shows the average scores for the measures of knowledge, confidence, perceived obstacles, self-efficacy and expectations before and after the training exercise. Non-physicians had the lowest mean knowledge pre-test score, whereas physicians and medical students scored significantly higher. More importantly, all groups significantly increased in knowledge after receiving the training (F(1, 159) = 320.74, p < .000).
Means (Standard Deviation) of Pre- and Post-Training Scale Scores for Knowledge, Confidence, Perceived Obstacles, Self-Efficacy and Expectations by Training Group
Compared to physicians and medical students, non-physicians reported less confidence in screening patients prior to training. After training an interaction effect was found indicating that the level of confidence gain was dependent on group membership (F(2, 172) = 4.21, p = .016). Post hoc comparisons indicated that physicians and medical students reported significantly increased confidence in implementing screening procedures in comparison to non-physicians, who indicated about the same level of confidence after training as they did at baseline.
Physicians had significantly more confidence in their ability to conduct brief interventions than non-physicians and medical students prior to training. An interaction effect was observed between group membership and confidence in conducting brief interventions (F(2, 170) = 9.97, p < .000). Post hoc comparisons indicated that medical students gained significantly more confidence in their ability to perform brief interventions than did the other groups. Interestingly, physicians did not increase their confidence in conducting brief interventions after training.
The remaining measures listed in pertain only to the physicians and non-physicians. Medical students were not given these items because they were not expected to practice SBI as the MCO personnel were. At baseline, physicians perceived significantly fewer obstacles to screening patients than non-physicians. After training, an interaction was observed involving group membership (F(1, 90) = 5.59, p = .02). Physicians remained basically the same in their perceptions of obstacles to screening, whereas non-physicians reported significantly fewer concerns than they had endorsed prior to training.
Regarding brief interventions, at baseline physicians perceived fewer obstacles than did non-physicians. After training, both physicians and non-physicians perceived significantly fewer barriers to helping patients (F(1, 90) = 20.18, p < .000).
Before training, physicians indicated higher self-efficacy in implementing SBI than non-physicians. At follow-up, both physicians and non-physicians increased in self-efficacy (F(1, 89) = 40.34, p < .000).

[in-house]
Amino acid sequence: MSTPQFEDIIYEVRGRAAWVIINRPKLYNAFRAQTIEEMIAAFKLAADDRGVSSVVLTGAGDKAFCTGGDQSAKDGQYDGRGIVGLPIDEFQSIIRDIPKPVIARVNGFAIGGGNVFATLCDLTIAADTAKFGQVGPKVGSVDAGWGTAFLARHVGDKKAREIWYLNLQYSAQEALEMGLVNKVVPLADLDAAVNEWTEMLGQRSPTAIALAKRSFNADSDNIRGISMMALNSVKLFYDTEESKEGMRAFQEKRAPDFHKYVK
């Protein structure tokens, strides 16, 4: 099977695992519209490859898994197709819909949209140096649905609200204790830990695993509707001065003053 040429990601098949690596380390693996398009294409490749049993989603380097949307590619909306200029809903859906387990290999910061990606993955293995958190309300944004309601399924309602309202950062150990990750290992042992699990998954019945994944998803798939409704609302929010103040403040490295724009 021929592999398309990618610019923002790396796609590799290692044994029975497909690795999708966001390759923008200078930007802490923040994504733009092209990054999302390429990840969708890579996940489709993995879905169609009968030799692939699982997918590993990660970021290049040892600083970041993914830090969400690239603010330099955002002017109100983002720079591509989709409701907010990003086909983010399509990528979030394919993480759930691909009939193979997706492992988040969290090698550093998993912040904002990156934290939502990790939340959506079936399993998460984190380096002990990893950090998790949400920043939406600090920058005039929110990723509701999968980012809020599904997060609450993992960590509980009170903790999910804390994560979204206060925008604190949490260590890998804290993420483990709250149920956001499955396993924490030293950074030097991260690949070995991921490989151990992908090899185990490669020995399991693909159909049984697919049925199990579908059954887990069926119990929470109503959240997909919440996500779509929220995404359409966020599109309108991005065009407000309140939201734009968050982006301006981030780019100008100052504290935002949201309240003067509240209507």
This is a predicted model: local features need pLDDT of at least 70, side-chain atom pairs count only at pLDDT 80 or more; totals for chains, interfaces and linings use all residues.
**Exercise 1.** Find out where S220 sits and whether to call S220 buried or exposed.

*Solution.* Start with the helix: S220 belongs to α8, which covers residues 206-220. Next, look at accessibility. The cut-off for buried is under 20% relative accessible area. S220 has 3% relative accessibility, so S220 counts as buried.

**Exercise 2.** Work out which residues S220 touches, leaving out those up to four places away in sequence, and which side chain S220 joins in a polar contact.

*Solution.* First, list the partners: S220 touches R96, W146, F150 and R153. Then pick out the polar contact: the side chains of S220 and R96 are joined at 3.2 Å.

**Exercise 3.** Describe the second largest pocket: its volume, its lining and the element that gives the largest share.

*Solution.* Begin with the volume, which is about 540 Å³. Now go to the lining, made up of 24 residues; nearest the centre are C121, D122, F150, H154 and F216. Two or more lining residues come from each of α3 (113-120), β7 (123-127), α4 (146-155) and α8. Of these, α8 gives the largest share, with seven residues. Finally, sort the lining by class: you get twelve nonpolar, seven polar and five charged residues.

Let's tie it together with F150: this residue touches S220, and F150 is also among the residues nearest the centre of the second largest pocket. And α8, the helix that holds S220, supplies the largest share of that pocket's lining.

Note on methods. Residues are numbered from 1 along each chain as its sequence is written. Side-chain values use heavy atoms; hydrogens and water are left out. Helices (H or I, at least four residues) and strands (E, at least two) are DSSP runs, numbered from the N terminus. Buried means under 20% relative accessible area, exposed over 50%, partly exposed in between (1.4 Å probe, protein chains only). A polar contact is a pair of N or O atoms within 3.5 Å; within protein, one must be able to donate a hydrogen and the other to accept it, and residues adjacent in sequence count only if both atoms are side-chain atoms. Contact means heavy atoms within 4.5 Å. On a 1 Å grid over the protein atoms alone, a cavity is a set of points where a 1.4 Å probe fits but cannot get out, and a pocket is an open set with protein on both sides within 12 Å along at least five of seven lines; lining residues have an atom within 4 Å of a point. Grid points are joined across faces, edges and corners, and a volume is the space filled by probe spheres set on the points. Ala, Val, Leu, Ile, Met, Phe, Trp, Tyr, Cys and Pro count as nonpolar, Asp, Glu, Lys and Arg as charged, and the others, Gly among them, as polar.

Prior to training, physicians reported significantly higher expectations for the benefits of brief interventions than did non-physicians. After training, both physician and non-physician providers raised their level of expectations significantly relative to their respective baseline scores (F(1, 91) = 57.19, p < .000).
Changes in knowledge, confidence, self-efficacy and perceived obstacles are important objectives of any training program, but the ultimate goal is to change provider behavior. In the ten clinics where training was conducted, and at the five comparison clinics where no training was offered, a sample of patients who screened positive for at-risk drinking on the Alcohol Use Disorders Identification Test was contacted three months after their office visit to determine whether they had received an intervention. The results indicated that only 21.9% of the comparison clinic patients reported that their provider talked to them about their drinking. In contrast, 47% of patients who screened positive in the clinics in which physicians were trained to conduct interventions reported that their doctor talked with them about alcohol use (χ21 = 65.13, p < .000). Similarly, whereas only 3% of patients in the comparison clinics reported that their doctor gave them printed materials, 42.4% of patients in the provider trained clinics remembered receiving printed materials (χ21 = 219.54, p < .000).
summarizes the findings from provider questionnaires completed at the end of the program implementation period in both the trained intervention and untrained control clinics. Providers were asked the same questions about how often they used standard alcohol screening tests and how many patients they managed for drinking during the past year. Providers in the intervention clinics reported significantly more screening and patients managed for drinking than their counterparts in the control clinics who were not trained.
Screening and Brief Intervention Activities Reported by Physicians and Non-Physicians in Control and Intervention Clinics During the Cutting Back® Implementation